BY TOM HESTER SR.
For nearly seven months, the Asbury Park government, including the police, saw no reason to make this crime public.
It has come to light that on Aug. 2, at least 30 antique copper panels valued at $100,000 and weighing an estimated 5.5 tons that were once part of the Asbury Park Convention Center on the city’s boardwalk were stolen from storage. The panels are described as four by six foot green copper decorative pieces.
City manager Terence Reidy told The Asbury Park Sun that he was notified of the incident in August, but saw no need to make a public disclosure at the time. “It was a police investigation, pure and simple,” Reidy said.
The police failed to solve the case and have declared it closed. “All leads have been exhausted,” Chief Mark Kinmon told the Sun.
The failure of authorities to notify the public of the theft has angered Asbury Park history and preservation activists. The Asbury Park Historical Society is offering a $5,000 reward for information that would help solve the theft.
Warner Baumgartner, city historian emeritus, said Wednesday the panels were removed for the hall for structural inspections and were stolen from storage. He said a public outreach campaign is forming in the hope that additional information will come to light through the offer of the reward.
Dolly Sternesky, Historical Society secretary, said the public should have been notified sooner.
“We don’t own the building but this is Asbury Park,” Sternesky told the Sun. “We have the most beautiful architecture. You’ll never find this any place, anywhere. The fact that this wasn’t shared with anyone -- it’s a scandal.”
The green-tinged panels were embossed with a decorative design and dated back to 1929, when Convention Hall was constructed. Boardwalk redeveloper Madison Marquette removed the panels so they could make necessary repairs to the building. The Historical Society put the number of panels at 34, while the police report says there were 30.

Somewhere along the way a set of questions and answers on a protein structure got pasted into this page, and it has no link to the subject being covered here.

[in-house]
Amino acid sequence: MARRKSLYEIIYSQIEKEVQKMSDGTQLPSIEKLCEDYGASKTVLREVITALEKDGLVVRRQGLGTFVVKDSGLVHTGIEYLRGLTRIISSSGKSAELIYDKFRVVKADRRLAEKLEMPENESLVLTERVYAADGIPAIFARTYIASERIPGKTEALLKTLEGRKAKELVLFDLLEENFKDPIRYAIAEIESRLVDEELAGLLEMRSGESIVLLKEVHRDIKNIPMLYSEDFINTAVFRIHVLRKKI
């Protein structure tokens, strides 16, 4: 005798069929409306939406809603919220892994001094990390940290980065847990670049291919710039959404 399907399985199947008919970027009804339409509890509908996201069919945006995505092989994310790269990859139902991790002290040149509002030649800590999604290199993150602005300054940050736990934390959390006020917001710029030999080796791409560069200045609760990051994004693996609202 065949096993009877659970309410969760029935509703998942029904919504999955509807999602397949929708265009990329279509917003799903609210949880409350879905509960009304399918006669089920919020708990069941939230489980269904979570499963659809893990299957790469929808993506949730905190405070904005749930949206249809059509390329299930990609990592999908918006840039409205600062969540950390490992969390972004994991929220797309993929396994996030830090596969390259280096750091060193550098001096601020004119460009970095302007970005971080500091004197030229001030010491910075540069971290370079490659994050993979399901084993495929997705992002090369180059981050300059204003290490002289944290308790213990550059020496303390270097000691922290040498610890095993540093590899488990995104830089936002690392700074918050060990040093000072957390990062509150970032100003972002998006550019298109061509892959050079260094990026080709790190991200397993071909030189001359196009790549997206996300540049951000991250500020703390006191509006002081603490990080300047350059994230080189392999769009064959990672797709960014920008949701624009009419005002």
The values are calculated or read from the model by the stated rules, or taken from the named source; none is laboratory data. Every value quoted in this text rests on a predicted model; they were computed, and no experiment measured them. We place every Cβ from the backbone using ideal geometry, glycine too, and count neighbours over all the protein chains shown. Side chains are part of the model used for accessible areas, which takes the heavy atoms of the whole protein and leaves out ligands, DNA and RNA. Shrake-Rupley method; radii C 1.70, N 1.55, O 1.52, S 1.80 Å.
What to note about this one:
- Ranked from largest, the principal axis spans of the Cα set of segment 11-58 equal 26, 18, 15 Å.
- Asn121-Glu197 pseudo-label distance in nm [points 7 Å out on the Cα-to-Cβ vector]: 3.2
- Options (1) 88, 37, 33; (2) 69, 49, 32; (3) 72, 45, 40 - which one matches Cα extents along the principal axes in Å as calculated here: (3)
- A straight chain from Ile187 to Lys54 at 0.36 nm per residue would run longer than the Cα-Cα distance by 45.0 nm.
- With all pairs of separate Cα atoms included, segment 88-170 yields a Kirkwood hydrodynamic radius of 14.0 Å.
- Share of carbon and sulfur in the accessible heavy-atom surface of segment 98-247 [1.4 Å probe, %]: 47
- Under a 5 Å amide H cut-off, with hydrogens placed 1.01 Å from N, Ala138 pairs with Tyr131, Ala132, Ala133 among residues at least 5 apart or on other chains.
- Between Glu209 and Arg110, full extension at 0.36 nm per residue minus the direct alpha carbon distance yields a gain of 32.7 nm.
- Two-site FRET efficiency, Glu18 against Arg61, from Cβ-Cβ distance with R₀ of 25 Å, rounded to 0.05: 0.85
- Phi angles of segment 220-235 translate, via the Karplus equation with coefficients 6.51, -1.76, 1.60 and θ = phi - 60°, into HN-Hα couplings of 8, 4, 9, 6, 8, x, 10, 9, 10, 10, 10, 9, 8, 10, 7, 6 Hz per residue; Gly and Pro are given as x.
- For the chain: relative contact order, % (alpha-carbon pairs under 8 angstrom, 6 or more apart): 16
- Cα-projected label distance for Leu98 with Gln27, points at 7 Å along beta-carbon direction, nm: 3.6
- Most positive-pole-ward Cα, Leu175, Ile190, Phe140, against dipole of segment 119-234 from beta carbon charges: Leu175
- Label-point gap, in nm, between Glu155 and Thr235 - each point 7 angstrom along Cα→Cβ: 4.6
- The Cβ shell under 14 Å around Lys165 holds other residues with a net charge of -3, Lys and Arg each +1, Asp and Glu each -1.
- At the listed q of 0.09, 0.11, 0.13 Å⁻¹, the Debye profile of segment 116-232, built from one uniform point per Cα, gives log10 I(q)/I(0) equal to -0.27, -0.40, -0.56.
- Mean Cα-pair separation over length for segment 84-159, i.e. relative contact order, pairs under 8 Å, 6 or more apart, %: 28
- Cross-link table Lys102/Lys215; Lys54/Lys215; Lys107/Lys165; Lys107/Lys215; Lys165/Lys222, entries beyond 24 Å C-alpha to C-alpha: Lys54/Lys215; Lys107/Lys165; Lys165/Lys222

The Historical Society held an emergency meeting to discuss the theft of the panels on Saturday. Society members questioned why the public was not made alerted to the theft.
Commenting on the theft and government silence, historian and preservationist Billy Neumann wrote on the New Jersey History Network, "Once again another horrible demonstration of how intrinsically valuable historic and architectural assets really are. Recently, the Hackensack Water Works lost interior stair rails and other important fixtures when someone cut and yanked them out for metal salvage.
It is almost impossible to stop these crimes without constant site vigilance or help from sympathetic salvage business owners," Neumann said. "A secure historic site can go a long way to prevent this loss along with extensive inventory and documentation of any valuable component parts.
"After this type of crime it is important to thoroughly involve local, county and state police as most time the assets removed get salvaged much farther away from the victimized site," Neumann concluded.
Convention Hall was built in 1929 and is listed on national and state historic registries.
The Historical society can be reached at 732-869-HIST.